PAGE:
If the word “drone” conjures negative thoughts of spying and remote warfare, here’s something cheerful to contemplate.
Drones and digital tags are helping scientists study humpback whales in remote areas of the Antarctic, where in-person access is limited.
A partnership among Duke University Marine Robotics and Remote Sensing Lab (MaRRS), Friedlaender Lab, California Ocean Alliance, and the World Wildlife Fund is using drone photography to study how the whales feed, how healthy they are, and how they’re being affected by climate change. Drone images are also used to count local populations.
Researchers at University College London’s Institute of Education recently reported that teens who read novels rather than non-fiction are six months ahead of their peers in reading skills.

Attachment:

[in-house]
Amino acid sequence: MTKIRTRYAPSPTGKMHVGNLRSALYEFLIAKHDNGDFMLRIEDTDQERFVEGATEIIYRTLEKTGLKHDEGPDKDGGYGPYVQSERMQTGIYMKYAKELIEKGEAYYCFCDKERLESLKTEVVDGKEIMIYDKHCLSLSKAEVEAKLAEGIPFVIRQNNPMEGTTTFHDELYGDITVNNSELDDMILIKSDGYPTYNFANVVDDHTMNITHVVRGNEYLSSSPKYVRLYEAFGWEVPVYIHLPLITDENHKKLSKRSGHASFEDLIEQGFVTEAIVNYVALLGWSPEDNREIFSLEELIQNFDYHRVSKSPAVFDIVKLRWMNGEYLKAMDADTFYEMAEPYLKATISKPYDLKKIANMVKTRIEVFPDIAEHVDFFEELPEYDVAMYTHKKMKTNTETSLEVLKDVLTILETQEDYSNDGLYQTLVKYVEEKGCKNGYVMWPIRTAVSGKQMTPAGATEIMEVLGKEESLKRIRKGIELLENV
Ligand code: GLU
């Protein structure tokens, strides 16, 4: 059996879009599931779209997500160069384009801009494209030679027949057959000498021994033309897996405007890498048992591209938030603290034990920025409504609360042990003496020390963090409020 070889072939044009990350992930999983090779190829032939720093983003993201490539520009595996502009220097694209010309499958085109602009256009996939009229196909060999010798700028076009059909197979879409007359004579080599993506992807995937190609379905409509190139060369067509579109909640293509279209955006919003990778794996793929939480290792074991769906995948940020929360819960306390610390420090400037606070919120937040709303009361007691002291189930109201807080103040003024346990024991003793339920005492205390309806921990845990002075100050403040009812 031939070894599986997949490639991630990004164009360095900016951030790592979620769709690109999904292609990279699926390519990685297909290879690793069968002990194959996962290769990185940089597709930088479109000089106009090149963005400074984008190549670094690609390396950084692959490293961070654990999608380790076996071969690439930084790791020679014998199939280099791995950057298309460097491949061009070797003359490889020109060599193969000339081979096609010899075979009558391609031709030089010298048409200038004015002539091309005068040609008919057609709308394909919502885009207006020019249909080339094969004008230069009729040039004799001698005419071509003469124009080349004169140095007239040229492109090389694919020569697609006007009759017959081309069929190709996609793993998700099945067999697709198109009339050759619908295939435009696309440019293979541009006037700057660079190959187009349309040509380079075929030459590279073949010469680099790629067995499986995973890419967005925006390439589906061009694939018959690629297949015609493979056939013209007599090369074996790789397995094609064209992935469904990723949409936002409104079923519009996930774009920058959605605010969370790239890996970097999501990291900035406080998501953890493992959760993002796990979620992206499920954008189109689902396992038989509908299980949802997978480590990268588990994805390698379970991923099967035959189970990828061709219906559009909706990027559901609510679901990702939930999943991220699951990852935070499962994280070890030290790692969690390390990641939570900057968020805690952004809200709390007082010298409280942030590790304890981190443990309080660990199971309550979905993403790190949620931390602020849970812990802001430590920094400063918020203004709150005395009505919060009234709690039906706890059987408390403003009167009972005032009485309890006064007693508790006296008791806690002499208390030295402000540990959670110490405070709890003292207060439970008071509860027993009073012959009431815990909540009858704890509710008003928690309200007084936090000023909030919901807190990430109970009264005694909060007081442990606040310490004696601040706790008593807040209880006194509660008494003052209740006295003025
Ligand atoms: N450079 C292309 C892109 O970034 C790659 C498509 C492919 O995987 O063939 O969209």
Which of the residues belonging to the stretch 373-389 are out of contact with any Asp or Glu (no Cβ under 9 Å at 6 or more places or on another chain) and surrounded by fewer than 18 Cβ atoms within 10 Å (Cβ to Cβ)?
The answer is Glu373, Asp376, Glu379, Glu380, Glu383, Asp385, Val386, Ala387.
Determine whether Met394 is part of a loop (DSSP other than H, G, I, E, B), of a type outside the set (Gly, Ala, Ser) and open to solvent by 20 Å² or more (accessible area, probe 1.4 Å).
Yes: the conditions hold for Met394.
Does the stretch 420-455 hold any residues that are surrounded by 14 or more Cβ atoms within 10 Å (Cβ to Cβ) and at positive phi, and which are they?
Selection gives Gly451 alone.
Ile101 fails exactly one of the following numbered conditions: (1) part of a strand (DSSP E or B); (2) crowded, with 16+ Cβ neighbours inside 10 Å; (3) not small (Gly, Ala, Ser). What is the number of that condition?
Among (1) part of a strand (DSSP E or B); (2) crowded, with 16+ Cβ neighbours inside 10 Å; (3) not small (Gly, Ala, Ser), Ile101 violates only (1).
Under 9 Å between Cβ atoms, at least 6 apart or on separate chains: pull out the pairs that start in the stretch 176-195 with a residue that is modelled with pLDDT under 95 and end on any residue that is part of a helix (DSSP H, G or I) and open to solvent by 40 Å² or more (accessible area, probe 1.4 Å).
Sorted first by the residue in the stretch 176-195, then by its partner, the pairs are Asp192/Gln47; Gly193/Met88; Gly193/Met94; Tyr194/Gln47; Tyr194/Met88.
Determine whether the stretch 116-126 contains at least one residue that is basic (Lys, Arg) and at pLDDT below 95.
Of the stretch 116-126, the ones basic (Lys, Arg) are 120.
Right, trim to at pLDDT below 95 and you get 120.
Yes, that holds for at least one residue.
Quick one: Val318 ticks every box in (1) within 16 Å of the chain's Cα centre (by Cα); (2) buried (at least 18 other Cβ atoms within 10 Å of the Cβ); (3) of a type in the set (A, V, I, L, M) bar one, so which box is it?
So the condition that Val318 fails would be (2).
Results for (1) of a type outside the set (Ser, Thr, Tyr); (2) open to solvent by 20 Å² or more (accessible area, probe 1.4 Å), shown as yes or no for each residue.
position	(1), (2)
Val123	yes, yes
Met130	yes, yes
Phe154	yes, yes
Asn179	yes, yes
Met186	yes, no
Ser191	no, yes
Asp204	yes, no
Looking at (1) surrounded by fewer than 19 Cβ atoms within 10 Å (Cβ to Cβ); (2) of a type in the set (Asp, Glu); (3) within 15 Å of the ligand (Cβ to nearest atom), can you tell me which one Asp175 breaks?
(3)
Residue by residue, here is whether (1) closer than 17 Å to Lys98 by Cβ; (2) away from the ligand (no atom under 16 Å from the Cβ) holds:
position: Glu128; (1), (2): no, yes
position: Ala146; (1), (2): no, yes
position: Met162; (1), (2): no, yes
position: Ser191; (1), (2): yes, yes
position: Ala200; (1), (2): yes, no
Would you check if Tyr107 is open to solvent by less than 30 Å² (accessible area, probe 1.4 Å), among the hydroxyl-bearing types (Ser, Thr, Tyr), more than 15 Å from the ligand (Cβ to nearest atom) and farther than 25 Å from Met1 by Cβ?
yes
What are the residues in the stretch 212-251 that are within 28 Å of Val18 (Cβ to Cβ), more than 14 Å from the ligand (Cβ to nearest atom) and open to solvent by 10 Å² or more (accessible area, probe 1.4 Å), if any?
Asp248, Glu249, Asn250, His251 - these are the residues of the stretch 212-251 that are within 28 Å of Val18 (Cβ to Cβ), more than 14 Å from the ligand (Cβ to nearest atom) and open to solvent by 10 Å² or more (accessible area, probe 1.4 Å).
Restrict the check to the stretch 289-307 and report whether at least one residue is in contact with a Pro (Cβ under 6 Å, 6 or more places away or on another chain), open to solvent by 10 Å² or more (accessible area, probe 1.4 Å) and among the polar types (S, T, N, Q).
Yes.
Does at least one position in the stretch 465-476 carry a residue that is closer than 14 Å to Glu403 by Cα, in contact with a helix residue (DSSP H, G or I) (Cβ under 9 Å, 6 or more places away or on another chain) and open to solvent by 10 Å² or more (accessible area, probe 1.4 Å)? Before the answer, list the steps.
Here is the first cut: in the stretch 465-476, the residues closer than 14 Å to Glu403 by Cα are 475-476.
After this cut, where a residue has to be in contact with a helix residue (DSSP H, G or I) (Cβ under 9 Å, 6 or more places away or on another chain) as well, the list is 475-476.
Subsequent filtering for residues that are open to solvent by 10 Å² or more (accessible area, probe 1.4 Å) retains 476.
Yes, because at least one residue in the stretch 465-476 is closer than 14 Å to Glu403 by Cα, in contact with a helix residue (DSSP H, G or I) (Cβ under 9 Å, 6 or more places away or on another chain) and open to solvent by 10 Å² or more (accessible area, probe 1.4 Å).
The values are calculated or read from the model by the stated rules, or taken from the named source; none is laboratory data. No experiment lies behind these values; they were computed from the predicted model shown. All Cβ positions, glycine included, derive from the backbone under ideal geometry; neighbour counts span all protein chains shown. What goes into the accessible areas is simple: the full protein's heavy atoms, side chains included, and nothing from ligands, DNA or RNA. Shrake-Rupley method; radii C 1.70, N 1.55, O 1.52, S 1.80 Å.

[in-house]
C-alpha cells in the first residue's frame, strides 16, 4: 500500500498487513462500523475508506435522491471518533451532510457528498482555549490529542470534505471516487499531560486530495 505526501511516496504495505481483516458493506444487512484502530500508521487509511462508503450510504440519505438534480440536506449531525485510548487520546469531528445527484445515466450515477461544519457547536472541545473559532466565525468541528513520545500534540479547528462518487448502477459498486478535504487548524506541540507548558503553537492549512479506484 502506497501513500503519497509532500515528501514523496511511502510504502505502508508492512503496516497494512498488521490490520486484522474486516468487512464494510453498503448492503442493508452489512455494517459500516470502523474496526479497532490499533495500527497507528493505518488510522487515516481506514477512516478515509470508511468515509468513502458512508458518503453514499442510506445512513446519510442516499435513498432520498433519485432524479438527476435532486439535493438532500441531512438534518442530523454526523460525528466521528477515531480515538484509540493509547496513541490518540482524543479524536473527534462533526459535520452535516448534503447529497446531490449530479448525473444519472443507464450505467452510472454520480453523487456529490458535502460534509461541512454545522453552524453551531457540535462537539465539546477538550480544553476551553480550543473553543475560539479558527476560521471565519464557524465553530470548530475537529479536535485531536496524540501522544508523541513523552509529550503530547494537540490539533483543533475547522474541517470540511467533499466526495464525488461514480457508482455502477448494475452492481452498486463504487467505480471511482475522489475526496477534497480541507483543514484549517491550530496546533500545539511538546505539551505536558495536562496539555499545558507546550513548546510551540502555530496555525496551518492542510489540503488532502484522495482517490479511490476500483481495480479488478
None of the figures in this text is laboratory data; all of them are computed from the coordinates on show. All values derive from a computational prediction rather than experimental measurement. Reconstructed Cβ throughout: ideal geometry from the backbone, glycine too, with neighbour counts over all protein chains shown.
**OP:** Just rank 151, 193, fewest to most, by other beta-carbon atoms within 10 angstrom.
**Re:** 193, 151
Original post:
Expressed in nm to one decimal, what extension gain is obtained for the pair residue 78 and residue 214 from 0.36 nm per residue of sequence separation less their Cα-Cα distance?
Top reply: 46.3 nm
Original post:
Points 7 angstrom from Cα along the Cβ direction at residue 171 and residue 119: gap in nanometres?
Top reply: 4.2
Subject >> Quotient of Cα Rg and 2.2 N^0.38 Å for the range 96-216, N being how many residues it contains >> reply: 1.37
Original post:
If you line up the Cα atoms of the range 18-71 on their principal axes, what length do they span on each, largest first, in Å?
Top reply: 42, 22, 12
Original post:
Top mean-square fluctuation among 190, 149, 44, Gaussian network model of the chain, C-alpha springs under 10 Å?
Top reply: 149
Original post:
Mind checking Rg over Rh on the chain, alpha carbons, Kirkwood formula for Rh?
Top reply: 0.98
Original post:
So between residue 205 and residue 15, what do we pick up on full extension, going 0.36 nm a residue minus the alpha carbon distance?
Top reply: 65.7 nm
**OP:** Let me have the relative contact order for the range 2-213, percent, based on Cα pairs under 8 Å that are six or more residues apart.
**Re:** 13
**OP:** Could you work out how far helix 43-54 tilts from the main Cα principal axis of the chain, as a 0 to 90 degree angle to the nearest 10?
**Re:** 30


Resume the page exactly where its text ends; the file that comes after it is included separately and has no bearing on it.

After analyzing data from 250,000 teens in 35 Western countries, they concluded that the 15-year-olds had significantly stronger reading skills than those who read non-fiction, magazines, comics, or newspapers for pleasure. The lead researcher pointed out that fiction requires a person to focus on long, continuous text, which improves not only reading skills but learning to avoid distractions.
This apparently holds true even when a novel is poorly written.